Tesla has hired a new general counsel, a position that has been historically superhard to fill for the automaker.

Tesla is often described as having high turnover, which has been especially true for its top lawyers.

Elon Musk surprised many when he hired his personal divorce lawyer, Todd Maron, to be Tesla’s general counsel (he was first deputy counsel) in 2013.

It’s not often you see an expert divorce lawyer become a top corporate lawyer at a major company, but it was actually a very successful move.

Maron took the helm for almost five years, became Tesla’s longest-reigning counsel, and took on a role that was beyond the responsibilities of most general counsels.

But he left in early 2019, and Tesla has had issues replacing him.

In January 2019, Tesla hired Dane Butswinkas, who was an outside counsel for the automaker.

Butswinkas only lasted about a month and was replaced by Jonathan Chang, an eight-year veteran of Tesla’s legal team at the time.

Then Chang ended up leaving Tesla at the end of 2019 to be replaced by Alan Prescott, who had been associate and, later, deputy general counsel as well as director of regulatory affairs for the past two years.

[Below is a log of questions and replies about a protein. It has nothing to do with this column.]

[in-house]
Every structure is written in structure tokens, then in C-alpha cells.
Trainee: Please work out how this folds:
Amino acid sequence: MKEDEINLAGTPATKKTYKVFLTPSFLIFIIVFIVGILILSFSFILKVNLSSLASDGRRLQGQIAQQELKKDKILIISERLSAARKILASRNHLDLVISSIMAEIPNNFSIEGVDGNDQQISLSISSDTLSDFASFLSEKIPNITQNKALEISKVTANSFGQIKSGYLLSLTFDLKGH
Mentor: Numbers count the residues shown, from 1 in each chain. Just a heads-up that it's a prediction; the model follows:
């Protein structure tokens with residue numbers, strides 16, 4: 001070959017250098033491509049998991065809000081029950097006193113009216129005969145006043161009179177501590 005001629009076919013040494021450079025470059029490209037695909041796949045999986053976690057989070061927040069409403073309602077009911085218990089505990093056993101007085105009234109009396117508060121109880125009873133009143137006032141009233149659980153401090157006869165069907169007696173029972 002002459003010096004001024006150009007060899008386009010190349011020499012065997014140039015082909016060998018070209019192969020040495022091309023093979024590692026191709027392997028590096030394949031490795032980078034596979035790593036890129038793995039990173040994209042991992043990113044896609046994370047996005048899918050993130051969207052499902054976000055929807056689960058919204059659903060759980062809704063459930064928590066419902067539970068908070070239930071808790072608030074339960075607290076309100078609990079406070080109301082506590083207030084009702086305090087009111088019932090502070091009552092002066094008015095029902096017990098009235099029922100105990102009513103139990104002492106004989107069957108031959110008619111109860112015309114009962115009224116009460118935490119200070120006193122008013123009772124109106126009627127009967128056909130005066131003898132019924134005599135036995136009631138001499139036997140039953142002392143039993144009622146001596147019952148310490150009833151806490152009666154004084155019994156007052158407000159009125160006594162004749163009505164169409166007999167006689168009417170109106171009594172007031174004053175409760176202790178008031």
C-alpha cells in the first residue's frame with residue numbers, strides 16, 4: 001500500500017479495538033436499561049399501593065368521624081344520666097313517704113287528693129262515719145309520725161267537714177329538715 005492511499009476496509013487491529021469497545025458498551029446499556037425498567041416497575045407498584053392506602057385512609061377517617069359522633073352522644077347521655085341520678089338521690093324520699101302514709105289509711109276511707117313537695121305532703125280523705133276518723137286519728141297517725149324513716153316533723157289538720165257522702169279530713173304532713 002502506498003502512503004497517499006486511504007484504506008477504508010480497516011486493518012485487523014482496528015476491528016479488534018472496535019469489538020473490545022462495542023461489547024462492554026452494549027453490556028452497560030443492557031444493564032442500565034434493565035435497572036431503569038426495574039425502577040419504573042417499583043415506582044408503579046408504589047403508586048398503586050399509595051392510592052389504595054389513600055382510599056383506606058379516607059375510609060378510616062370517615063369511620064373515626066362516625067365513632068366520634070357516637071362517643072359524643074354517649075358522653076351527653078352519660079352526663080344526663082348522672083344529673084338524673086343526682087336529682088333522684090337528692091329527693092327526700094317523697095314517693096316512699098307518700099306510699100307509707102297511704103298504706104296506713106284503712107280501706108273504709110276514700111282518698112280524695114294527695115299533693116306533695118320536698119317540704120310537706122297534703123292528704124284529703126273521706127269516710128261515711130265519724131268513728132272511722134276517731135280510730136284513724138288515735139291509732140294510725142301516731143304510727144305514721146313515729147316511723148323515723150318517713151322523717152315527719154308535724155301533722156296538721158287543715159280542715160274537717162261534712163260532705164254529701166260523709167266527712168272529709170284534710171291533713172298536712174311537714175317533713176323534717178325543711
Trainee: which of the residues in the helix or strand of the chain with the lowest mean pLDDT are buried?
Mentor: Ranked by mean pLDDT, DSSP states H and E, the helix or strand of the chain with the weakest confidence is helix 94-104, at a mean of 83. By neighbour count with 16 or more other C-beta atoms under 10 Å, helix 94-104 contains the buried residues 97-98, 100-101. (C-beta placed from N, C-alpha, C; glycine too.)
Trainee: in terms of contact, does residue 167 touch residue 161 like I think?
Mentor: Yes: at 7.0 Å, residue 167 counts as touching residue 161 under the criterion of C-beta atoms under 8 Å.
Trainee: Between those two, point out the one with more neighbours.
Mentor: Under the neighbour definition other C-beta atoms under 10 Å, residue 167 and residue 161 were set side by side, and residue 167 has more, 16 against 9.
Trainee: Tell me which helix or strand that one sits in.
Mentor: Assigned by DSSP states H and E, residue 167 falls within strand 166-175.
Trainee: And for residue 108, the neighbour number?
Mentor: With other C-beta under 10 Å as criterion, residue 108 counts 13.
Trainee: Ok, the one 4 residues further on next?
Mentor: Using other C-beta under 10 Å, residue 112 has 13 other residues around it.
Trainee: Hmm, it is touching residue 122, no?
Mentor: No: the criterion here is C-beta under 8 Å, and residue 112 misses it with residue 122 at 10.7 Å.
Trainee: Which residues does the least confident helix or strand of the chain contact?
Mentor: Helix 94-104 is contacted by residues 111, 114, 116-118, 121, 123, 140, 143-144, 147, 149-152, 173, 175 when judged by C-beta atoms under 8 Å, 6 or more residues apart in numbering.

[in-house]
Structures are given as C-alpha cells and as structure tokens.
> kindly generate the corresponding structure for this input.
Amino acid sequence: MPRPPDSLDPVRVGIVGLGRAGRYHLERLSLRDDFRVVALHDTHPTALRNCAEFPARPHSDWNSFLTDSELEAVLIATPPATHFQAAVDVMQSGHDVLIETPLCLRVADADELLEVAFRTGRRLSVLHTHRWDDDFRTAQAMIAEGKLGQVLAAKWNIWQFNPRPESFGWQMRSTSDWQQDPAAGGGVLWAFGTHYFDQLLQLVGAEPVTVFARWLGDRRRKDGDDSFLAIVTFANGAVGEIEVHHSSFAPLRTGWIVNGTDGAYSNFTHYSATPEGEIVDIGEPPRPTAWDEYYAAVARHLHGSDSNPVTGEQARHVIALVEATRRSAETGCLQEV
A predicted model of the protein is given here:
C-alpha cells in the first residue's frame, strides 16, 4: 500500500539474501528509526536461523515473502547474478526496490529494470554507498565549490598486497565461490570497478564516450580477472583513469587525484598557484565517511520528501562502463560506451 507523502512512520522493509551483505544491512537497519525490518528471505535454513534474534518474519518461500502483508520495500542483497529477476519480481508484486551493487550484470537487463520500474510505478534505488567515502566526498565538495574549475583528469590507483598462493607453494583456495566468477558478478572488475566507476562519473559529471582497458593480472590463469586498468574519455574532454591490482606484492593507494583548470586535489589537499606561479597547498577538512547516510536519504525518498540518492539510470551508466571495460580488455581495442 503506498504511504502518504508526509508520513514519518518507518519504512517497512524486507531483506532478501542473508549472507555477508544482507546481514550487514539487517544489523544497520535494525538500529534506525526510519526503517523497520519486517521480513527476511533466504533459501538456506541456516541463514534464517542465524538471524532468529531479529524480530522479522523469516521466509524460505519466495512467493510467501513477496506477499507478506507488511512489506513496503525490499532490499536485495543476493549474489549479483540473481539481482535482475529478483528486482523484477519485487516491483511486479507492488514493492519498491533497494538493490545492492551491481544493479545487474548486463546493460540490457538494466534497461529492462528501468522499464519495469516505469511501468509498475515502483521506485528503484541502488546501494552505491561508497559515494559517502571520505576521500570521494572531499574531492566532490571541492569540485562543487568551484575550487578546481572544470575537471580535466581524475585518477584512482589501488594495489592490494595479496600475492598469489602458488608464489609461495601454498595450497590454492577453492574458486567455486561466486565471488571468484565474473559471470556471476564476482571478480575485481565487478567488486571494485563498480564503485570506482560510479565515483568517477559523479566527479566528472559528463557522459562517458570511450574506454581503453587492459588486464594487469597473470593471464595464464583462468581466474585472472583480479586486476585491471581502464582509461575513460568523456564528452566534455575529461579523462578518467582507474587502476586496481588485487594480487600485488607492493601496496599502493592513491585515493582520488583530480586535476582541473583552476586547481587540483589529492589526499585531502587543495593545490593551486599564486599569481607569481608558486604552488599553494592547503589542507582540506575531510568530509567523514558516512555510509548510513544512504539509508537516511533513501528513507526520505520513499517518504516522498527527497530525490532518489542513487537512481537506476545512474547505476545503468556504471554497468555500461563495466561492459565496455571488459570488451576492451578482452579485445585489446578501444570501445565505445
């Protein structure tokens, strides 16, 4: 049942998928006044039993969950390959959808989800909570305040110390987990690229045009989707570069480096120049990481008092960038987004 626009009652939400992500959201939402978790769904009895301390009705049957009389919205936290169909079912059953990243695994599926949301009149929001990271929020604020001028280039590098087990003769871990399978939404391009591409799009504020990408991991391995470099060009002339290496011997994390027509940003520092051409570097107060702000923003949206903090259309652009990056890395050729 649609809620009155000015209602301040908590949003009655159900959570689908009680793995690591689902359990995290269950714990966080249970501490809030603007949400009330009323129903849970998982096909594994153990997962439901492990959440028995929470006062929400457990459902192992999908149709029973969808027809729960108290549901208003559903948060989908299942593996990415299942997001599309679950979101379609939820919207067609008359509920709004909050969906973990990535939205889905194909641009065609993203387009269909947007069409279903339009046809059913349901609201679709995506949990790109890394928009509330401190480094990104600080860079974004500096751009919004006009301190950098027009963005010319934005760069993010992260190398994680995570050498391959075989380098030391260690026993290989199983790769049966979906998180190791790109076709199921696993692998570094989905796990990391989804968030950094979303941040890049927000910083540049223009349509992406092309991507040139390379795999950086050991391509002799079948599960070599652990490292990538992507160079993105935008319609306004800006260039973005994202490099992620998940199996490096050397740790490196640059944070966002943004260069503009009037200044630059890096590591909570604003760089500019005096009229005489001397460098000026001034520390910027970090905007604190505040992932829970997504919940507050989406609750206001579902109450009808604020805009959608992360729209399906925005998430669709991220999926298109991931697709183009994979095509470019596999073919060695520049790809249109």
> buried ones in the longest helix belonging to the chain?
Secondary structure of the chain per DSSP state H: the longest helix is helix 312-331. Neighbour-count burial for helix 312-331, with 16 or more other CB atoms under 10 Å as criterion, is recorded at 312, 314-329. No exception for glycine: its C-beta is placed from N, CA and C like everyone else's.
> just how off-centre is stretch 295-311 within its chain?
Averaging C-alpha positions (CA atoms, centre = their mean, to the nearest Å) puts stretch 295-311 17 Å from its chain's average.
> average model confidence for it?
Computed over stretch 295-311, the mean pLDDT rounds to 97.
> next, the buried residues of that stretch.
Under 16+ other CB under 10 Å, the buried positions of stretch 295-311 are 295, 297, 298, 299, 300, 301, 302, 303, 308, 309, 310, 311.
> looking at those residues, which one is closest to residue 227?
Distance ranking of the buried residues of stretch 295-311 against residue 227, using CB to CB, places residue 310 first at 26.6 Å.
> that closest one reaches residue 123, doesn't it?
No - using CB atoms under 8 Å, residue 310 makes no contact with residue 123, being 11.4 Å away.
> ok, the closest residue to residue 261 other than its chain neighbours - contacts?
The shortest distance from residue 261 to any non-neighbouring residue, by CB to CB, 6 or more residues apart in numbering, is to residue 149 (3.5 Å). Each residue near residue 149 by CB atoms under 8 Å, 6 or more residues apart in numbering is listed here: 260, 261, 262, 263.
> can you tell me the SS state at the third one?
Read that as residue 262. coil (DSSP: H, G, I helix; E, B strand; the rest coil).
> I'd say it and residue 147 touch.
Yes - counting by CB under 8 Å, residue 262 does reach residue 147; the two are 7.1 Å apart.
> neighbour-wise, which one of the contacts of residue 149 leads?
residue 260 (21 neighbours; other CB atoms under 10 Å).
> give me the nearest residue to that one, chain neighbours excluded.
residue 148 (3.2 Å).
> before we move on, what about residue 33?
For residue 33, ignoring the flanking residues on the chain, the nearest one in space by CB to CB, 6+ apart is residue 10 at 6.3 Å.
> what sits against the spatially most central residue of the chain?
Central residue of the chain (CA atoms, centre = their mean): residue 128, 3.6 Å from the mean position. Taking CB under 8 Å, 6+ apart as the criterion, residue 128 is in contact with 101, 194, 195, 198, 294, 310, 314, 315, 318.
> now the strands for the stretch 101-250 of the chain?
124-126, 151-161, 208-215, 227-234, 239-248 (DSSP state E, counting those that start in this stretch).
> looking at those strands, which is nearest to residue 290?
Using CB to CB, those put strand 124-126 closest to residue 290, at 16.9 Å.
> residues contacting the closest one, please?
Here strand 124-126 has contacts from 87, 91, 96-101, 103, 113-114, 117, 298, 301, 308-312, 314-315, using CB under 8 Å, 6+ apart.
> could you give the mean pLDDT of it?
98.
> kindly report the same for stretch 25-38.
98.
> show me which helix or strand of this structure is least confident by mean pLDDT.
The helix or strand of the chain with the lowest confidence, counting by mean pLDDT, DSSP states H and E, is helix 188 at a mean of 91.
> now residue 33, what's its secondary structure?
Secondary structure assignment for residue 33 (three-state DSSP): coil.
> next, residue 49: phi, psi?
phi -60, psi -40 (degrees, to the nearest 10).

Prescott was named acting general counsel and corporate secretary, virtually becoming Tesla’s top lawyer.

He left Tesla about a year later, and it wasn’t clear who replaced him – though now it appears that Dinna Eskin took over in an acting role.

Now Tesla has confirmed that it has hired a new general counsel and that Eskin is remaining at the company:

Excited to have Brandon Ehrhart join the Tesla team as our General Counsel & to have Dinna Eskin continue in a leadership role in Tesla Legal, as we build a world class team!

Ehrhart is coming from DISH Network, where he had an impressively long 20-year career and most recently held the position of general counsel, DISH Wireless, as well as executive vice president and corporate secretary, DISH Network.

The Vanderbilt-educated lawyer comes to Tesla at a time when CEO Elon Musk announced that Tesla is building a “hardcore litigation department” to become more aggressive in litigations.

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